As recitalist Hough has appeared on the major stages of the world including Carnegie Hall's Stern Auditorium, Chicago's Symphony Hall, London's Royal Festival Hall and the main stage of the Concertgebouw. He has appeared at festivals worldwide including Verbier, Salzburg, La Roque d'Antheron, Edinburgh, Aldeburgh, the BBC Proms, Mostly Mozart (New York), Sapporo, Ravinia, Blossom, Tanglewood, Aspen, Hollywood Bowl and Saratoga.

As chamber musician he has worked with Steven Isserlis, Joshua Bell, Michael Collins and Tabea Zimmermann, as well as the Juilliard Quartet, the Emerson Quartet, the Takacs Quartet, and the Berlin Philharmonic Wind Quintet.


He has recorded more than 50 CDs, one of his most notable being a set of the four Rachmaninoff Piano Concertos and the Rhapsody on a Theme of Paganini, recorded during live performances with the Dallas Symphony Orchestra under the baton of then music director Andrew Litton, which have been compared to the recordings by the composer himself. These recordings won him his seventh Gramophone Award as well as the Classical BRIT Critics Award.

His recording of the five Saint-Saëns concertos won the Gramophone Record of the Year in 2001 and was later voted the Gold Disc, "winner of winners" in a poll commemorating 30 years of the award.[9]

His recording of the Complete Chopin Waltzes,[10] won the Diapason d'Or de l'Année in 2011.

He is also known for his various dazzling recordings of encore pieces and for championing lesser-known composers generally considered to be outside the standard repertoire such as Johann Nepomuk Hummel, Franz Xaver Scharwenka, York Bowen, and Federico Mompou.

His own compositions can be heard on a CD called Broken Branches,[11] from BIS Records and on the Prince Consort's CD Other Love Songs on LINN Records. His second Piano Sonata (notturno luminoso) is on his CD In The Night, and his cello sonata on a recital disc with Steven Isserlis. The Colorado Symphony recorded his Missa Mirablis with Andrew Litton conducting.

Teaching and writing[edit]

He is a visiting professor of piano at the Royal Academy of Music in London and the International Chair of Piano Studies at the Royal Northern College of Music in Manchester. He is also on the faculty of the Juilliard School in New York.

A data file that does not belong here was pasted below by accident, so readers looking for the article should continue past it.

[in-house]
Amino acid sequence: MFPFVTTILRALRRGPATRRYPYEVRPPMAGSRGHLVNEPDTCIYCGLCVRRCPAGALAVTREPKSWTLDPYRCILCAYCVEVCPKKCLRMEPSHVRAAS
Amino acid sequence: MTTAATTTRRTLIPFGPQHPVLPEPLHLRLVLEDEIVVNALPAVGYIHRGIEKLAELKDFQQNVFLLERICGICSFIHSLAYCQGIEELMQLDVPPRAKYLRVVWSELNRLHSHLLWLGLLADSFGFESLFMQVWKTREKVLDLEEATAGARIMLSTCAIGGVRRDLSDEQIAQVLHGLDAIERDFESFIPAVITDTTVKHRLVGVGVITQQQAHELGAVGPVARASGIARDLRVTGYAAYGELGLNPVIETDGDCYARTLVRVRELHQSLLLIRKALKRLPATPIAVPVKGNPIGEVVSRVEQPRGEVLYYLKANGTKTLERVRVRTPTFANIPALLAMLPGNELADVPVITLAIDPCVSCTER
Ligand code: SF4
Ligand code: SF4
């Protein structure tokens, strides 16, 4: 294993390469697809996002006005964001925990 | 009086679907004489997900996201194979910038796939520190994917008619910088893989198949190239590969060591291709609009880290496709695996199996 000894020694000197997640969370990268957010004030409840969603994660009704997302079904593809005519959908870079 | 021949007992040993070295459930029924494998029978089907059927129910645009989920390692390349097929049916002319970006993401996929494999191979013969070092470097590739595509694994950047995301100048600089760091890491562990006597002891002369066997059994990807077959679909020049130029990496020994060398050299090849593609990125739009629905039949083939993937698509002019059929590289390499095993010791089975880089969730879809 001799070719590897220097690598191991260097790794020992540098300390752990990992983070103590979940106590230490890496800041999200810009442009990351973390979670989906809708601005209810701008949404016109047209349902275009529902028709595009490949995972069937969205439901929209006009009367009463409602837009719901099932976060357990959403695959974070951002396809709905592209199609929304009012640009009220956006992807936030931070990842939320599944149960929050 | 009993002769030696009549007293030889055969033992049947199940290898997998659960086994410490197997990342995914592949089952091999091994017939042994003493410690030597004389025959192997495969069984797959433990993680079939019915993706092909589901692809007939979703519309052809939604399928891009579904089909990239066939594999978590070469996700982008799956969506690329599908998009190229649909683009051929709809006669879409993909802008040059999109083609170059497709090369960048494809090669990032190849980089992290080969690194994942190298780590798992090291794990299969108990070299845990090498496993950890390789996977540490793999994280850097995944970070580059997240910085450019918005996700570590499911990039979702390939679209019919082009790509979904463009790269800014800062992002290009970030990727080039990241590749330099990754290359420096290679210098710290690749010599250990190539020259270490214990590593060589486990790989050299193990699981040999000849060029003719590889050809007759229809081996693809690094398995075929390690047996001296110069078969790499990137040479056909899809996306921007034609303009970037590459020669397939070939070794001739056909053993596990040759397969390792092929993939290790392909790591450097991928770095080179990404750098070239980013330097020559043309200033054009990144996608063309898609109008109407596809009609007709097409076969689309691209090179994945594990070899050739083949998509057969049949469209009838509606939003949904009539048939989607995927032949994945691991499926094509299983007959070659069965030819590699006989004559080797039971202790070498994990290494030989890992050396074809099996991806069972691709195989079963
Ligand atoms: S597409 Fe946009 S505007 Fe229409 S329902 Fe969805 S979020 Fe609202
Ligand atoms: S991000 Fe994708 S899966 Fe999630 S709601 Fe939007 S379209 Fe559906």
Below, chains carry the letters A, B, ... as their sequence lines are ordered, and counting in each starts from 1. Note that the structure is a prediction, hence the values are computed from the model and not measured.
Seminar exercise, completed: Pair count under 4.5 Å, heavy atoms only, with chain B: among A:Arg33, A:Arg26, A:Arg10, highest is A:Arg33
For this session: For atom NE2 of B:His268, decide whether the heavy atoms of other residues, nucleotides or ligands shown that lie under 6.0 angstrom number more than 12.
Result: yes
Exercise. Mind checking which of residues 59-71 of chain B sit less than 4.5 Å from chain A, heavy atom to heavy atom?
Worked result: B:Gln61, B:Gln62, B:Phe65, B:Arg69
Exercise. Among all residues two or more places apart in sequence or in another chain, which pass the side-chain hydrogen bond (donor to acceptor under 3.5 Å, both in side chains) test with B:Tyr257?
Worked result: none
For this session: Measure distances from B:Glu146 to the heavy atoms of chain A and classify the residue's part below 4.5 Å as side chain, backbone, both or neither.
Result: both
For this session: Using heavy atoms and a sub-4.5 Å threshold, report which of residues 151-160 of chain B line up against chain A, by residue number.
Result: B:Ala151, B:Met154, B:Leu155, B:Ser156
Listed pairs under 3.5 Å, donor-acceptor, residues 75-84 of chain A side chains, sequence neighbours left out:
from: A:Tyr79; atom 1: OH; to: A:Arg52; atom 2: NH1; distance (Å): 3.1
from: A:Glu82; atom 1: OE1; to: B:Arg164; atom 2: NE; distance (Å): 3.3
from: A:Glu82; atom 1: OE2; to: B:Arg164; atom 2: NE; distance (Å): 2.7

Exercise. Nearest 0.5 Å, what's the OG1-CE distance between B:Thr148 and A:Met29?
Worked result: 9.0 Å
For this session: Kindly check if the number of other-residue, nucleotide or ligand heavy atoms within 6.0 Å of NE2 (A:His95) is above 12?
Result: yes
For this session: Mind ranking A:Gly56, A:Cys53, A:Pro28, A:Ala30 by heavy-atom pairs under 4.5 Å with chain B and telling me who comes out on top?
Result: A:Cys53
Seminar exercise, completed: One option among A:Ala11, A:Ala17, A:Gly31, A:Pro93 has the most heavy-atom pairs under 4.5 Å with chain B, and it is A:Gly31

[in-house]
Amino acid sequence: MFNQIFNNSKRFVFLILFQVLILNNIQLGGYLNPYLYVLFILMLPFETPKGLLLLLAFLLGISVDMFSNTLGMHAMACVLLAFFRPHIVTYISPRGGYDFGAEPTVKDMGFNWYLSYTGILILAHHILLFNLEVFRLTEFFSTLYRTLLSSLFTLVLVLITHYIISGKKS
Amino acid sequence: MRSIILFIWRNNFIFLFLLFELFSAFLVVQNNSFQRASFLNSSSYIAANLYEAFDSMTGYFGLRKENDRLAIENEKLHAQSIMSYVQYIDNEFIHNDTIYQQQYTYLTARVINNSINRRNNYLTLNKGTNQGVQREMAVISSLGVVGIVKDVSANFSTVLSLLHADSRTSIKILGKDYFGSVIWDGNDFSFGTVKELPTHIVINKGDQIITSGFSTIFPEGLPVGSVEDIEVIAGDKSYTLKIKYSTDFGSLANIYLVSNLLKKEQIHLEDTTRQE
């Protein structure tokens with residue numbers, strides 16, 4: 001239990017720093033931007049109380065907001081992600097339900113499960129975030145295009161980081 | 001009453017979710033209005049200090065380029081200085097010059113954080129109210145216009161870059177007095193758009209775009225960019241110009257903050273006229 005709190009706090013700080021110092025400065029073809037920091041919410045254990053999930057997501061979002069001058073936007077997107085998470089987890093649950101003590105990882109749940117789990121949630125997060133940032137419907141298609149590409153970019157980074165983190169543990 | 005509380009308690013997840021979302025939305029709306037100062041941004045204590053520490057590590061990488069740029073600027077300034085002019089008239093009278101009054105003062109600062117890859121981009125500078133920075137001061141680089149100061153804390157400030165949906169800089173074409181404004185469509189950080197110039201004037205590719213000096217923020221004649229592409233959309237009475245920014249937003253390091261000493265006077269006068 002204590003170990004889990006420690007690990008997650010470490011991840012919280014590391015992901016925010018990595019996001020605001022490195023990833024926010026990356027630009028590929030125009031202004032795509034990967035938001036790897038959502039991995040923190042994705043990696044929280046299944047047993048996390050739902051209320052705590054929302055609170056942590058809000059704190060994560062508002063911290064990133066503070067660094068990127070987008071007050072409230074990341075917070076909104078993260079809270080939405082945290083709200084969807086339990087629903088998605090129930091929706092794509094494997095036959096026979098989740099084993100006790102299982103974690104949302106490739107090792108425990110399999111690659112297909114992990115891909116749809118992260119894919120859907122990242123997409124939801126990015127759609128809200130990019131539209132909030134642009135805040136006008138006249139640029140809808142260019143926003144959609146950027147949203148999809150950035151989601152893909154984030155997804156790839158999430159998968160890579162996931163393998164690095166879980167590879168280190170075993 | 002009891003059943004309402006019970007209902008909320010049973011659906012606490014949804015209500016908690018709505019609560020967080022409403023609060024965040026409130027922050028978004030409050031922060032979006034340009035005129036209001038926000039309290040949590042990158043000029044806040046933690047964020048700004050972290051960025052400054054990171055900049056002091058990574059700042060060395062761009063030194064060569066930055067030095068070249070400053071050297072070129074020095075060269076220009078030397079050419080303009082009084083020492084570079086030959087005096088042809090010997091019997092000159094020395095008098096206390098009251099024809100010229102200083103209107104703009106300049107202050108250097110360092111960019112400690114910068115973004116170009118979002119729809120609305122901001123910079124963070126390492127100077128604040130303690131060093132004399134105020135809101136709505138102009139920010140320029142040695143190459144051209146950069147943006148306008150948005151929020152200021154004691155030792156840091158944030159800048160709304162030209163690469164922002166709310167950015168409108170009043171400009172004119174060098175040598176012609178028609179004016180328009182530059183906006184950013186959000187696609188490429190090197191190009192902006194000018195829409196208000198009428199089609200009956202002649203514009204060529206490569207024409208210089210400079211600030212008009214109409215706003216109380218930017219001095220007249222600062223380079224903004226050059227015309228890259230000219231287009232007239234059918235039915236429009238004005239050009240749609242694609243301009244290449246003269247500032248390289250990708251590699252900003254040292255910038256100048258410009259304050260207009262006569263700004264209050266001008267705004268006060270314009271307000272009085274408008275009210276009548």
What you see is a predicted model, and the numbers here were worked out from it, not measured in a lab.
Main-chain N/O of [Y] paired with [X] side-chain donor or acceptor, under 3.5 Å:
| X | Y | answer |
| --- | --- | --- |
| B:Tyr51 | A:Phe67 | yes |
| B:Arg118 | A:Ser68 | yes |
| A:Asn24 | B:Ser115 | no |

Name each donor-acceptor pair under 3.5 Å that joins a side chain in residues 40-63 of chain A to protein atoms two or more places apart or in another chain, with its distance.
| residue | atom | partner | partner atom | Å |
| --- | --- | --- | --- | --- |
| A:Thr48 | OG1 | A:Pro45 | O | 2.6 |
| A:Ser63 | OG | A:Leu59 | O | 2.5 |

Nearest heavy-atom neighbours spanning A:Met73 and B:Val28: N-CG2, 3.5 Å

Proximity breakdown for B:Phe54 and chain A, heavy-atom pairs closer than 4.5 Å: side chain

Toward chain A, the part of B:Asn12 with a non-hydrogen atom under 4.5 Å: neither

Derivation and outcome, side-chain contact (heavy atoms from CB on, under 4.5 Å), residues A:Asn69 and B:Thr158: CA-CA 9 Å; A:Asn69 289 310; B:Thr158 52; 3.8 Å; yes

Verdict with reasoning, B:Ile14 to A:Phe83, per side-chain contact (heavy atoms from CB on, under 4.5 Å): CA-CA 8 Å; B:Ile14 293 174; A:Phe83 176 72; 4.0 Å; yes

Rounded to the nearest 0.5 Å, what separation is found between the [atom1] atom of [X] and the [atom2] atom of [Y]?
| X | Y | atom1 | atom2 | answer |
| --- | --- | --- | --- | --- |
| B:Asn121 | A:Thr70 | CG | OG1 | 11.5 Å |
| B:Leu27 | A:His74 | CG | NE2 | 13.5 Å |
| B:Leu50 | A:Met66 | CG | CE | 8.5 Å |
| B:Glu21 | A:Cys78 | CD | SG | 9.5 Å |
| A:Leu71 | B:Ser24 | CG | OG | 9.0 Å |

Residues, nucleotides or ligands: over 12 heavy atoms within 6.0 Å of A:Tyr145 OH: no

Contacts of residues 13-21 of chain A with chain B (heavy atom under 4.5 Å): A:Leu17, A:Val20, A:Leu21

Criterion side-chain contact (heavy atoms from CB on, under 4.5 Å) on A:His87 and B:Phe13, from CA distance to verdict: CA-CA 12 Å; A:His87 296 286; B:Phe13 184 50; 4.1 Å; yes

He joined the Roman Catholic Church when he was 19. He has written about his homosexuality and its relationship with both his music-making and his religion.[12][13] He has also published The Bible as Prayer: a handbook for lectio divina.[14]

In 2008 he won the Sixth International Poetry Competition.[15]

He has a blog at the Telegraph newspaper's website.

Selected discography[edit]


  1. ^ Hough, Stephen (2009-05-24). "Hough? Where's that? – Telegraph Blogs". Retrieved 2015-06-18. 
  2. ^ "Writings | Why I Became an Australian Citizen". Retrieved 2015-06-18. 
  3. ^ "With apologies to Bartok". Telegraph. 2007-01-21. Retrieved 2015-06-18. 
  4. ^ "The Nightingale Project". The Nightingale Project. Retrieved 2015-06-18. 
  5. ^ "The Irene Taylor Trust | Creating Music. Transforming Futures". Retrieved 2015-06-18. 
  6. ^ The London Gazette: (Supplement) no. 60728. p. 8. 31 December 2013.
  7. ^ "New Year Honours 2014: list in full". Telegraph. 2013-12-30. Retrieved 2015-06-18. 
  8. ^ "Stephen Hough - Broadbent GalleryBroadbent Gallery". Retrieved 2015-06-18. 
  9. ^ Nicholas Wroe. "Nicholas Wroe talks Tchaikovsky to pianist Stephen Hough | Music". Retrieved 2015-06-18. 
  10. ^ "Stephen Hough, Frederic Chopin, None: Chopin: The Complete Waltzes: Music". Retrieved 2015-06-18. 
  11. ^ "Hough: Broken Branches (Compostitions By Stephen Hough) (Bis: BISCD1952): Music". Retrieved 2015-06-18. 
  12. ^ Stephen Hough. "An equal music" (PDF). Retrieved 2015-06-18. 
  13. ^ "The Way We Are Now: Gay and Lesbian Lives in the 21st Century: Ben Summerskill: 9780826487858: Books". Retrieved 2015-06-18. 
  14. ^ "hough prayer: Books". Retrieved 2015-06-18. 
  15. ^ "Sixth Poetry Competition Winners". 2007-11-01. Retrieved 2015-06-18. 

External links[edit]